Great Story

Your senses are different when you live in a city. It is something that creeps up on you. You don’t feel much different, but somehow you learn how to sleep in a not-quite-dark room that abuts your building’s parking lot. You can pick up on the sound of a dump truck two blocks away and just know that it’s about to come make a racket on your street. You are an expert at predicting which car is most likely to cut you off (hint: it’s all of them).

These “city senses” were foreign to me when I came back to Boston to start my service year. I had spent three months working for the Appalachian Mountain Club, my current host site, running teen volunteer trail crews in western Massachusetts. For all intents and purposes I lived in the woods for three months. My home was either an 8x10’ canvas tent or a 1-person backpacking tent. It was dark at night. Birds sang, coyotes howled. My commute to work included mud-caked clothes from the day before, medical kits, extra water, food, and tools. We worked with our hands. Teenagers are generally a noisy bunch, but life was overall much quieter.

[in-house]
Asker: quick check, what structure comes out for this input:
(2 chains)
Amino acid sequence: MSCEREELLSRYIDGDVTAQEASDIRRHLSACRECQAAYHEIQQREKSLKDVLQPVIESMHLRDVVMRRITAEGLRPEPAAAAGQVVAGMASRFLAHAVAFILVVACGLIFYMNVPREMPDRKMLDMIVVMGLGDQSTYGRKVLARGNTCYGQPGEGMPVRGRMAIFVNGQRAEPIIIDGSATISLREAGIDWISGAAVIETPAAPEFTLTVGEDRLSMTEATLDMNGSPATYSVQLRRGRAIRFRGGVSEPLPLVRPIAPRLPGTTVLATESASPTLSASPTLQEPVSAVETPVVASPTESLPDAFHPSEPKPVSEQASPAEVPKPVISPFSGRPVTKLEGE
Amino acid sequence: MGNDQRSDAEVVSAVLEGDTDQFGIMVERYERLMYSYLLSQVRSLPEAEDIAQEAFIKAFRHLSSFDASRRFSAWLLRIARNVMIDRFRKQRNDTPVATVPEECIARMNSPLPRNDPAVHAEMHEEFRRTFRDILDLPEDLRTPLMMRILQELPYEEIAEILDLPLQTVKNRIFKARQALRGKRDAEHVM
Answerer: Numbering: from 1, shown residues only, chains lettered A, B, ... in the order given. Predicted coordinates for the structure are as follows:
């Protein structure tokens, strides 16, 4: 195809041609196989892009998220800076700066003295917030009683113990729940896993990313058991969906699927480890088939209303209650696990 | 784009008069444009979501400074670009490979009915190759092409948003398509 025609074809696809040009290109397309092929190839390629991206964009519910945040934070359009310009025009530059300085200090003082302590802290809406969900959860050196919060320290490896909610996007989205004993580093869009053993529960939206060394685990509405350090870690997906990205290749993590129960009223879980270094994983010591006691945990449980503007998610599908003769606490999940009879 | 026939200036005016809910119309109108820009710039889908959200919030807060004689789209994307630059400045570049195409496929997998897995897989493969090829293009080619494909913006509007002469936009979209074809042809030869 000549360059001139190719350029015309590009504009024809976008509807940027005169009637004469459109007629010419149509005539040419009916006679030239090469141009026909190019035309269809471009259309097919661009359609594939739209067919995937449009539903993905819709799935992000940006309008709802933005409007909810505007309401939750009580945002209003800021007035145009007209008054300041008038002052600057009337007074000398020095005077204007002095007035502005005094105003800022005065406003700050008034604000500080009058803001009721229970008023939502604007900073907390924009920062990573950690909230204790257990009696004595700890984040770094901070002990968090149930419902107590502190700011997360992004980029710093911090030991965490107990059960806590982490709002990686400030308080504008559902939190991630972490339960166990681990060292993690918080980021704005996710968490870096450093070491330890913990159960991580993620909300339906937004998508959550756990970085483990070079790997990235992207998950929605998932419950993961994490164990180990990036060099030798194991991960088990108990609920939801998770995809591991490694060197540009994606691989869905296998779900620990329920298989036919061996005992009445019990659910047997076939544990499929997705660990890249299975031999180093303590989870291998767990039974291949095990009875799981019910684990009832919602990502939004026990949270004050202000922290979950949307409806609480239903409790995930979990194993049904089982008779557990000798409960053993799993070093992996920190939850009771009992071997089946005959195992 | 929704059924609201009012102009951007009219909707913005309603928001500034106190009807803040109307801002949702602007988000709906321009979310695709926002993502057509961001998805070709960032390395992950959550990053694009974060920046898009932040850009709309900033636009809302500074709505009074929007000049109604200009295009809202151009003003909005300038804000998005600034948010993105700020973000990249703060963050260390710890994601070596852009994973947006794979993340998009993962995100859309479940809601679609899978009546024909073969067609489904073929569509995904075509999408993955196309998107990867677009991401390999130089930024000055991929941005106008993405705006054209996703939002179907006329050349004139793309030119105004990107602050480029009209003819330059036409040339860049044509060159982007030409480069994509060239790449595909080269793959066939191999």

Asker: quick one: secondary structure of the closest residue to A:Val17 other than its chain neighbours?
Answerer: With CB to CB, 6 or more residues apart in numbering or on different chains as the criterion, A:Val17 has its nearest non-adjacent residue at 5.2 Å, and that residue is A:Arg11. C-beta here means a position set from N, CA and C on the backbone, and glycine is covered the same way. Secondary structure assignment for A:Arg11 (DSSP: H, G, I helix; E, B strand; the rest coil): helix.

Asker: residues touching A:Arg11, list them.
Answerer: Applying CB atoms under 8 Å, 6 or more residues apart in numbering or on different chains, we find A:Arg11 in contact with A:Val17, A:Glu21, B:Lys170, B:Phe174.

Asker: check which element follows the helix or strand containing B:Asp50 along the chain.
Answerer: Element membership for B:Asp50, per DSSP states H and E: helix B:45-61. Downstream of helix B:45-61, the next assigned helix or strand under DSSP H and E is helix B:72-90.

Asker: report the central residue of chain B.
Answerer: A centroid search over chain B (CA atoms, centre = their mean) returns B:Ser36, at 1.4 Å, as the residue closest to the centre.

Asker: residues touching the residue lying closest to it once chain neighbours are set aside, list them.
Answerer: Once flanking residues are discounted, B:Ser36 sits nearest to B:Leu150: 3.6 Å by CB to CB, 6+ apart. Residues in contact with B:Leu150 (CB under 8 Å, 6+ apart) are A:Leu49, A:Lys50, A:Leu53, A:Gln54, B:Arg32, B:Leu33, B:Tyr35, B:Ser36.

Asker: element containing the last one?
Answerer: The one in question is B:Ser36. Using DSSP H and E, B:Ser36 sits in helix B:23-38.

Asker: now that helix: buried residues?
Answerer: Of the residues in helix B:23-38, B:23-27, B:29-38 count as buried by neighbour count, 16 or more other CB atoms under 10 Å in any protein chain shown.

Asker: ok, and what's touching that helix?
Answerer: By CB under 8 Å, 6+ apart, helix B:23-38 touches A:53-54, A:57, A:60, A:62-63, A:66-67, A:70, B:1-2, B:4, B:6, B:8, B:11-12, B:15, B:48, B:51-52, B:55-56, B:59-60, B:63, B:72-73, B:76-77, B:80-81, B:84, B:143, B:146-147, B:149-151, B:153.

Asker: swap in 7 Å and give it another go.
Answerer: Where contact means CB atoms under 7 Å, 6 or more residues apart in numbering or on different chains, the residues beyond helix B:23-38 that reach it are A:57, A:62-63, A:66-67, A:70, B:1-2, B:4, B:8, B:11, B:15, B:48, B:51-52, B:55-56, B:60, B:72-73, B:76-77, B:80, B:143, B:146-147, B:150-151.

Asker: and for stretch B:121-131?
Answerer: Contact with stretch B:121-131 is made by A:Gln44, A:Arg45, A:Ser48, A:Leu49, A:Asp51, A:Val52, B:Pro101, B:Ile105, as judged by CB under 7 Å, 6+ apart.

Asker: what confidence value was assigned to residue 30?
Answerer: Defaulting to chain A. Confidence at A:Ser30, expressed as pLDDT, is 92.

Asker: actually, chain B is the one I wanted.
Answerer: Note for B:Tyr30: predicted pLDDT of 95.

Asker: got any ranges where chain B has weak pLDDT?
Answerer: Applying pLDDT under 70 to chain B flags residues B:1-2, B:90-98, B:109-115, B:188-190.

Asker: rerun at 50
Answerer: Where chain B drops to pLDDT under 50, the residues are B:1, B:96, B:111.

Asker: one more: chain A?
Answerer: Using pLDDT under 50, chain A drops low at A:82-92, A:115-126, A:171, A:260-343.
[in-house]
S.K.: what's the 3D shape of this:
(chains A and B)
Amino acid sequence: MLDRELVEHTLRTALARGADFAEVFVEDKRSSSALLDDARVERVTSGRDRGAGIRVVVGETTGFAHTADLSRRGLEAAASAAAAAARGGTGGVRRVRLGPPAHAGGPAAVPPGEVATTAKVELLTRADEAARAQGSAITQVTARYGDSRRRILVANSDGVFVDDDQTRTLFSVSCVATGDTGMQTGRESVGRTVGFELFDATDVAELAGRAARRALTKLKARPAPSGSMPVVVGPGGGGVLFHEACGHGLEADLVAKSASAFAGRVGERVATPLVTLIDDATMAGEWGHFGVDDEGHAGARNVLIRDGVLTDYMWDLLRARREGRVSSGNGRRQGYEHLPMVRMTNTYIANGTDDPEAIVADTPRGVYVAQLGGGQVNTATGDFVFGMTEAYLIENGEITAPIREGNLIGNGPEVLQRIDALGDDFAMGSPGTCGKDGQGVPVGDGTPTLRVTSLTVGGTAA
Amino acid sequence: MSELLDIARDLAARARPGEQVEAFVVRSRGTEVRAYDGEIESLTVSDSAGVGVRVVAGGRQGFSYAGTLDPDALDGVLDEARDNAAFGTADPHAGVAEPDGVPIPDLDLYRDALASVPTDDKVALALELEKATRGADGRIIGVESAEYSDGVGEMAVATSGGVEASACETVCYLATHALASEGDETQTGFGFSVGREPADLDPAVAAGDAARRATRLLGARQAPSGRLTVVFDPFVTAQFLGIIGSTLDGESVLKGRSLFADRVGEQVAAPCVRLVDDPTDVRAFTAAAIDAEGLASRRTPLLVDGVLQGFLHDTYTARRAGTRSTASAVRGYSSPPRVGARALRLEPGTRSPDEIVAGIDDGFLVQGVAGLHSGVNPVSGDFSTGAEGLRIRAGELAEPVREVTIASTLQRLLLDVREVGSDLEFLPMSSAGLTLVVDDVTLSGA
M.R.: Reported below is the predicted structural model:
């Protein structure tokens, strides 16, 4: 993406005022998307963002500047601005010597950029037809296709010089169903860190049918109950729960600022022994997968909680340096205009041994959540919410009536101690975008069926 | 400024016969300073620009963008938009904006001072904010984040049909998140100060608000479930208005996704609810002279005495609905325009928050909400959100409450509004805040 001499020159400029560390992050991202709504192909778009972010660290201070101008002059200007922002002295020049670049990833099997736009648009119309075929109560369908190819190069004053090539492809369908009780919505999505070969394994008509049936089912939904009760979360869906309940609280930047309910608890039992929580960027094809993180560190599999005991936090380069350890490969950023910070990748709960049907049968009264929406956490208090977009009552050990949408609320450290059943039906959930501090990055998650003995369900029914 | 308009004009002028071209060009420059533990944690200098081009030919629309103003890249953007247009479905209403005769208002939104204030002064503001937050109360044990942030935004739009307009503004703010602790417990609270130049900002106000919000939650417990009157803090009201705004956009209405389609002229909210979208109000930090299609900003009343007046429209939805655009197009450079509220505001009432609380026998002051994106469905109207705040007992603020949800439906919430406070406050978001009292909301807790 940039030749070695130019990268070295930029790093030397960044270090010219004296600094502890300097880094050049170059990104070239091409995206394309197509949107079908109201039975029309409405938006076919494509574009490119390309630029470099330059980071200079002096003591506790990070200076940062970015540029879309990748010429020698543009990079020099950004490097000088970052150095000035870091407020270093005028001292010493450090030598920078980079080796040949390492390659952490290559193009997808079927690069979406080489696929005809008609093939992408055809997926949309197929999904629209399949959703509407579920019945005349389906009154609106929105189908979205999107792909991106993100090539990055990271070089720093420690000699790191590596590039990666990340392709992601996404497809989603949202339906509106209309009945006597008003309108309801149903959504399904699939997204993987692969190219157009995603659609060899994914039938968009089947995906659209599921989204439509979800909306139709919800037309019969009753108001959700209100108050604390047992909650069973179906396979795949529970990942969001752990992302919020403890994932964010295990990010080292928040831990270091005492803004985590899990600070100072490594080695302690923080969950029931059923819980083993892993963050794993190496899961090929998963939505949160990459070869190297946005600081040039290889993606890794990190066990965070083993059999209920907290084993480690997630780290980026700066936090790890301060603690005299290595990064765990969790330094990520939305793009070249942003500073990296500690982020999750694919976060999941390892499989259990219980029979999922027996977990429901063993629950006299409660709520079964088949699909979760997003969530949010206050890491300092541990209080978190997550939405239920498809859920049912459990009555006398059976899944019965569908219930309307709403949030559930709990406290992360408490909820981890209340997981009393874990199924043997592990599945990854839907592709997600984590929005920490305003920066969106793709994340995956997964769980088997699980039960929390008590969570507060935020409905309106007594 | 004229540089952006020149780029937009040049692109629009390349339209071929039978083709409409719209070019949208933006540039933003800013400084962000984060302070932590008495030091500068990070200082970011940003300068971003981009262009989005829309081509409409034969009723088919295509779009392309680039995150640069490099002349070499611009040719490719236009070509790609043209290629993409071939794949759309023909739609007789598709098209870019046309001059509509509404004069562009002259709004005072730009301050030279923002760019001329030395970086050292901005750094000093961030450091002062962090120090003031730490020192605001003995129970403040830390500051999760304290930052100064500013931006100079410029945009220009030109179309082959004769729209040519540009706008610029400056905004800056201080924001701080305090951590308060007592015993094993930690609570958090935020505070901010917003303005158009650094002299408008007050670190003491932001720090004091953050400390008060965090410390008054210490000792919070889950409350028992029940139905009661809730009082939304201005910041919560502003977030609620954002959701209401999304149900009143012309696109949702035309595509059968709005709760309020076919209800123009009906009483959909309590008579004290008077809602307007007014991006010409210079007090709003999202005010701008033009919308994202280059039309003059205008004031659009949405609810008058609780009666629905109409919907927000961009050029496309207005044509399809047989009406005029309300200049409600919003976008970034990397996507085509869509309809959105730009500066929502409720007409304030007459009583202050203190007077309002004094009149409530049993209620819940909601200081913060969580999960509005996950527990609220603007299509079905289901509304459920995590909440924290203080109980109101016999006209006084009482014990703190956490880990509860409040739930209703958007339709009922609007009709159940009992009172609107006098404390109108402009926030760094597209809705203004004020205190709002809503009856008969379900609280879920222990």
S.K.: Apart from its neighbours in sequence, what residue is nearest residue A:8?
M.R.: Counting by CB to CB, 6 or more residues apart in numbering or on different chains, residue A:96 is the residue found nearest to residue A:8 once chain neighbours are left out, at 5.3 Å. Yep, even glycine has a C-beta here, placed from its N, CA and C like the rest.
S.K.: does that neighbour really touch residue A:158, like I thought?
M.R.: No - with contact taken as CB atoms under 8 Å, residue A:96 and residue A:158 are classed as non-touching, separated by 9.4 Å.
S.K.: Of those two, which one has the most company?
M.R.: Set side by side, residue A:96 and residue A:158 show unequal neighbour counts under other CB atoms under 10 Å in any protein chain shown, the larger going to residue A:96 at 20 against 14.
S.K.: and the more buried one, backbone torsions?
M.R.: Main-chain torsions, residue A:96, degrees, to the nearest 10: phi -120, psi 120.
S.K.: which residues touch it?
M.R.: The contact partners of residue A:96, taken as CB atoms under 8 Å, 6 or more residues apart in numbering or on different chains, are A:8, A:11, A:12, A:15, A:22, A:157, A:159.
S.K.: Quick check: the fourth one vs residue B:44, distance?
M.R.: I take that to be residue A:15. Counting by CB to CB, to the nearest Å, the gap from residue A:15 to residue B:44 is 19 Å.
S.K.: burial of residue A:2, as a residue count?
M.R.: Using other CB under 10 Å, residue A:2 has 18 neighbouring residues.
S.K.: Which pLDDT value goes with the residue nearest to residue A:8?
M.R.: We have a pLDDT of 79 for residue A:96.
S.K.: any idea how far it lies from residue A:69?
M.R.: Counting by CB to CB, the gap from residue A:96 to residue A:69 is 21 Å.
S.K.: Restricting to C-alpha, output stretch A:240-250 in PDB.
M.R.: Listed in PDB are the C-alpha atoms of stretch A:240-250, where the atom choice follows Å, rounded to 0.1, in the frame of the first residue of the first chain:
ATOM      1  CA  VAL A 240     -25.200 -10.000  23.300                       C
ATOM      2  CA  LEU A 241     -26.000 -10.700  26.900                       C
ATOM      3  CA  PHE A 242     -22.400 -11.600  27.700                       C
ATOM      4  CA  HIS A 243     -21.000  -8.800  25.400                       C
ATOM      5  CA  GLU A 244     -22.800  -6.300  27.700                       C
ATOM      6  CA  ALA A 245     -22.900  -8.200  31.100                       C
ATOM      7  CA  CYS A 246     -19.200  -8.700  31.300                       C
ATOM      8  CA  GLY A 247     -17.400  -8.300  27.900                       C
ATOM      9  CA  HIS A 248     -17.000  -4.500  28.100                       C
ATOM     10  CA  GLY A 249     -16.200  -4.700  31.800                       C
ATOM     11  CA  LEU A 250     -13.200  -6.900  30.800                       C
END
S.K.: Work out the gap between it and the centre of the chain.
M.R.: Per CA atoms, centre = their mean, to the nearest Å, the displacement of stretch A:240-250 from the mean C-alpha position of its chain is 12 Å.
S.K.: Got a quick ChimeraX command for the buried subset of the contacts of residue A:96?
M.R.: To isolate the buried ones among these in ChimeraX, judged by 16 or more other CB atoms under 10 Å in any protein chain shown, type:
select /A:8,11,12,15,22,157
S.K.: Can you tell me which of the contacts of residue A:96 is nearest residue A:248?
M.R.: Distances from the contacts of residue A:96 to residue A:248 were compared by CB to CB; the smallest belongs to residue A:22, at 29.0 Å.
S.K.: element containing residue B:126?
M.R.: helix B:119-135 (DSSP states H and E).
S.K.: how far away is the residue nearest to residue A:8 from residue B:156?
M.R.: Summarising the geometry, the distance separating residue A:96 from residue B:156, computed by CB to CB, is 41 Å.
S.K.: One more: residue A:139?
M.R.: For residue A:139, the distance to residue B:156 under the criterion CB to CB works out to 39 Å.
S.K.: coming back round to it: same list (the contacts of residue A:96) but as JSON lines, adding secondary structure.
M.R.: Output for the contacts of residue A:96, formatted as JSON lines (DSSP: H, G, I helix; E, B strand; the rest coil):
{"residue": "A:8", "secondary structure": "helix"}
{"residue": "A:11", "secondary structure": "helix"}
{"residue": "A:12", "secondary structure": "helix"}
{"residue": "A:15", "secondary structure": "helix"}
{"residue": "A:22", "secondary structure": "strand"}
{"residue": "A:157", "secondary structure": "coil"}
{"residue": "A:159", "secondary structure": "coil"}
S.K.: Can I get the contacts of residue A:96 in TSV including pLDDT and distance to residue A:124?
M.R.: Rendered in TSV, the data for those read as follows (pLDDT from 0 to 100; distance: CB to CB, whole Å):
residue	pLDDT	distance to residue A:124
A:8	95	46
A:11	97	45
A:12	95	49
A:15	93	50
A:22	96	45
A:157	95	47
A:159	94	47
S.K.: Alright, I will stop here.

Although it was a big change, I was excited to start my service with the AMC on Bay Circuit Trail. My first few weeks were jam packed with meet-and-greets and field visits to the BCT. The BCT is a patchwork of towns that all host a section of trail, so there were a lot of dedicated volunteers to meet. I was looking forward to field visits, which usually meant hiking sections of the trail with a point person for that section. Beth, my supervisor, was attending a conference on my second full week of these types of meet-and-greets. She set up a few hikes so I could continue connecting with people involved on the BCT. One of those people was Al.